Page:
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Life after losing an election

| June 12, 2024 8:00 AM

By Bob Brown

Having lost an election, I know it hurts to lose.  I know, too, that there is a good life beyond losing because I’ve been living it for the past 20 years.

I know that the people’s will in a democracy can only be determined by a process of elections; American democracy has successfully functioned on that model since George Washington.

When the people lose their faith in elections, democracy is finished. There have been as many losers as winners in our legacy of elections extending back over 230 years.  By their respect for the will of the people in elections, those who have lost have served to preserve our government of the people, perhaps more than those who have won.

Richard Nixon is remembered for standing aside in the face of impeachment because of his Watergate crimes.  But Nixon also stood aside after his defeat by only 0.17% of the popular vote to John F. Kennedy in 1960.  In that election Kennedy carried Illinois by less than 9,000 votes. The tiny margin came from the Democrat bastion of Chicago, controlled by party boss Mayor Richard Daley.  While not as close as Illinois, in Texas there was suspicion that Kennedy might not have fairly won there, either.

While knowing these things, Nixon chose not to put the country through the turmoil that litigating the election would inevitably have brought.  Nixon conceded on election night when the trend for Kennedy in the electoral count appeared clear.  In his comments, Nixon said: “One of the great features of America is that we have political contests.  They are very hard fought, as this one was hard fought, and once the decision is made, we unite behind the man who is elected….My congratulations to Senator Kennedy.”

While some may still question Nixon’s motives, his actions demonstrated clearly that he placed the good of the country over his personal ambitions.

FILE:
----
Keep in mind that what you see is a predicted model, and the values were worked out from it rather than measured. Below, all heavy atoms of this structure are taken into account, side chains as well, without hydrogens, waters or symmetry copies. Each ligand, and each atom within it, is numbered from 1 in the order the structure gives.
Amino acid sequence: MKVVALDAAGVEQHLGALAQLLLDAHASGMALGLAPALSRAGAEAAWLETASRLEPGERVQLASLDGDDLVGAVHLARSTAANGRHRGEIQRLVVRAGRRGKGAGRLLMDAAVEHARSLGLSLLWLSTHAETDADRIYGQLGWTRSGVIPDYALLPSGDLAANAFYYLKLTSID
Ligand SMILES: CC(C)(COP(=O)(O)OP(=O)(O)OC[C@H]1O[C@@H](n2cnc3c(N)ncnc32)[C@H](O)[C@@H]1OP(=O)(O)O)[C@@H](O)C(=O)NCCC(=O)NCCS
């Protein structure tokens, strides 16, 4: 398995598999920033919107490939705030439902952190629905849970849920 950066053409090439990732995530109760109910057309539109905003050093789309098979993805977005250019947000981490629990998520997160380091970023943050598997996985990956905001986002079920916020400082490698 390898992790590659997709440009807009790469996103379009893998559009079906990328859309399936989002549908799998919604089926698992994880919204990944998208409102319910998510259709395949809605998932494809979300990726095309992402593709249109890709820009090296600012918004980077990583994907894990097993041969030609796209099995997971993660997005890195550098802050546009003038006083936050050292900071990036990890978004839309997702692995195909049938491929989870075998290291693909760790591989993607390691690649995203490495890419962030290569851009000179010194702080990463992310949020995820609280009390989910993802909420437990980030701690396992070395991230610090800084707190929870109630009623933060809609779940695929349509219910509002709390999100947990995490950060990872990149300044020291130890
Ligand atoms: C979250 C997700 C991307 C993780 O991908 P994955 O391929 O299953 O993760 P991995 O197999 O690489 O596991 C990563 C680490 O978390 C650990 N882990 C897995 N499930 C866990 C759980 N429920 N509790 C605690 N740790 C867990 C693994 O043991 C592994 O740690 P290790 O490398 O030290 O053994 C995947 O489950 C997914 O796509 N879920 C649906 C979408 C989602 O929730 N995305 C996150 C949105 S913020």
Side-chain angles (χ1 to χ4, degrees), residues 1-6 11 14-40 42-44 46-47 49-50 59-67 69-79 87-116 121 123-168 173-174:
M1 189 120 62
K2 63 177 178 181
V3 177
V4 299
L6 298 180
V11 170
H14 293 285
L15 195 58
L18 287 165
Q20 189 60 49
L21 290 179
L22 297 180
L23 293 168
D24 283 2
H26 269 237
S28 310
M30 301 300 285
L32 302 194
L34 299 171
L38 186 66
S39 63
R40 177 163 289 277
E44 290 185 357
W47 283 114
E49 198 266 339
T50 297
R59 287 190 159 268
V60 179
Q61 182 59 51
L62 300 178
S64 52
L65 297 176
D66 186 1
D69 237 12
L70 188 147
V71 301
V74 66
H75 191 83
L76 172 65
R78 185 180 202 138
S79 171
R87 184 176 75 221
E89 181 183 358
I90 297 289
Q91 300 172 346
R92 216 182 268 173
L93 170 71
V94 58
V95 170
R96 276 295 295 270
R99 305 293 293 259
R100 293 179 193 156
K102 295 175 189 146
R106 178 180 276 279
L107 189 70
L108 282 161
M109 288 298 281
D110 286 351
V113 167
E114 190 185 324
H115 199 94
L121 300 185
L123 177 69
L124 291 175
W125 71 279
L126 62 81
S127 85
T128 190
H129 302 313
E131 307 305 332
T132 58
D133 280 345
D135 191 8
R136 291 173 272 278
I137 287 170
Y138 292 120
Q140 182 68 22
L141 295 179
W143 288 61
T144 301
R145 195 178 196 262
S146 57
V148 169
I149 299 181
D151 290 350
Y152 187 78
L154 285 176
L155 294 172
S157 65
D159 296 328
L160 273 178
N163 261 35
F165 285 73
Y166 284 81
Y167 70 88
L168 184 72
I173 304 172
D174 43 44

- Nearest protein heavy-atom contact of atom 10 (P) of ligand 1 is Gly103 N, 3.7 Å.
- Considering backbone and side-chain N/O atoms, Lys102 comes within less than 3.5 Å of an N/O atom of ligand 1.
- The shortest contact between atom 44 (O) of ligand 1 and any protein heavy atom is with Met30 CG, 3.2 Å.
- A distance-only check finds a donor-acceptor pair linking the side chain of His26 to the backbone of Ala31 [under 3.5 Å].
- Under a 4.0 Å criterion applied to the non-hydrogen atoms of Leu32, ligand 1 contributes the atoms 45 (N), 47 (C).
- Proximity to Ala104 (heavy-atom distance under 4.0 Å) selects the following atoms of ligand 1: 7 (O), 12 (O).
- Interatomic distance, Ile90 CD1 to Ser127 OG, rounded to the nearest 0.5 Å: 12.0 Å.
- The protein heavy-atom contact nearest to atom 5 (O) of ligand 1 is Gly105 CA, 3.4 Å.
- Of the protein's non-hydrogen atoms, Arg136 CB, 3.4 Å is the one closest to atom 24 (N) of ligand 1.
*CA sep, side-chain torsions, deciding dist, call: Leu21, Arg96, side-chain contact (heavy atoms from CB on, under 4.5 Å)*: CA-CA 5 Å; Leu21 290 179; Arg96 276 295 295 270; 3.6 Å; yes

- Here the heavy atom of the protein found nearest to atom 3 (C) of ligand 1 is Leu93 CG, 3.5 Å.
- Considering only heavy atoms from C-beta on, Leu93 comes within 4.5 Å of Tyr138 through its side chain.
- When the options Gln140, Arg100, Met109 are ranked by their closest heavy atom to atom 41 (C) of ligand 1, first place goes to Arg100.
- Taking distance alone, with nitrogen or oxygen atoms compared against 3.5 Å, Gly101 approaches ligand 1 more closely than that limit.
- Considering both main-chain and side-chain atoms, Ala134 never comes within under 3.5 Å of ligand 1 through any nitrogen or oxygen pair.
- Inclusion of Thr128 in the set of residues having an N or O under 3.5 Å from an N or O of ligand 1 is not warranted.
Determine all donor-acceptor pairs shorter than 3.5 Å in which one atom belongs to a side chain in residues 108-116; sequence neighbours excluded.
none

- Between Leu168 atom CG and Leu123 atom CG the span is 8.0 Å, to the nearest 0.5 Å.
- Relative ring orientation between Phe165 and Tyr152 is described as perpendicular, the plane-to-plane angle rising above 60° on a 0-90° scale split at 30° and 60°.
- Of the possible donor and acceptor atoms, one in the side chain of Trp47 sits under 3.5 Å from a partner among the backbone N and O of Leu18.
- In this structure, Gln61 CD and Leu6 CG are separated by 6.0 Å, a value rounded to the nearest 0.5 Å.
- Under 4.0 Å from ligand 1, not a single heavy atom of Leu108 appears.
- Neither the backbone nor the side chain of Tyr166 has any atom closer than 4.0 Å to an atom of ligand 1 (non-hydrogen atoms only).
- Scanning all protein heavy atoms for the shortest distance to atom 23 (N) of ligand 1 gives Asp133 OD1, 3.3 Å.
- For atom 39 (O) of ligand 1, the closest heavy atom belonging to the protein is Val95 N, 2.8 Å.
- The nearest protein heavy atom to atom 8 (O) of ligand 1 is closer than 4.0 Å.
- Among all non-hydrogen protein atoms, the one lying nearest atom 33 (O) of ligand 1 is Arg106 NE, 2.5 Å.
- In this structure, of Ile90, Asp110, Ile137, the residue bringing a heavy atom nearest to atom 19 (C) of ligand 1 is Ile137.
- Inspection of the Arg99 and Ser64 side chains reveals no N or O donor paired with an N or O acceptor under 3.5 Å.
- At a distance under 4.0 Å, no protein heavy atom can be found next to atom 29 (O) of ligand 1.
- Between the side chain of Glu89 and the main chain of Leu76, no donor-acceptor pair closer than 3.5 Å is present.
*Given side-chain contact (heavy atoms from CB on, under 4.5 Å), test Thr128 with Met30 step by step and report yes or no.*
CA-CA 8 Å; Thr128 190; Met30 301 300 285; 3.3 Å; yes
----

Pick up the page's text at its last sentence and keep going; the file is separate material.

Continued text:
That example was demonstrated again in the election of 2004 by then Vice President Al Gore and then Texas Governor George W. Bush.  (I met and visited with both Bush and Gore in the ‘90s before they were presidential contenders.  They couldn’t have been more different.  Bush was easy-going and conversational.  Gore, about as warm and personable as a pet rock.)  But, as former Montana Governor Ted Schwinden was known to say, “You can really tell what a man is made of by how he loses an election.”  By that measure, Gore was as solid as a rock.

Gore actually beat Bush by about 500,000 popular votes in 2004, but as the result of a one-vote Bush majority in the U.S. Supreme Court, Gore lost by an almost as thin three-vote majority in the Electoral College.  Gore’s reaction was swift and sure.  “While I strongly disagree with the [Supreme] Court’s decision, I accept it.  And for the sake of the unity of our people and the strength of our democracy, I offer my concession.  I also accept my responsibility, which I will discharge unconditionally, to honor the new President-elect and do everything possible to help him bring Americans together.”

The 2020 election, which Trump has never conceded, was not close.  Biden won the popular vote by 7,000,000 and carried the electoral college 306-232.  There would have to have been systematic and coordinated fraud in numerous states to reverse that decisive outcome. Yet loser Trump has stridently lied for more than three years that the national election, with hundreds of candidates on hundreds of ballots, was uniquely rigged just against him.

Sadly, and perhaps tragically, this year’s election will be between the dangerous old sleazer and the plodding old geezer. 

Barring miracles at the upcoming party conventions, that’s what our choice will be. 

If Trump ultimately wins, he promises to be a vengeful winner.  It is a certainty that if he loses, he will continue to be the divisive sore-loser he has always been.



Bob Brown is a former Montana Secretary of State and state Senate President. He lives in Whitefish.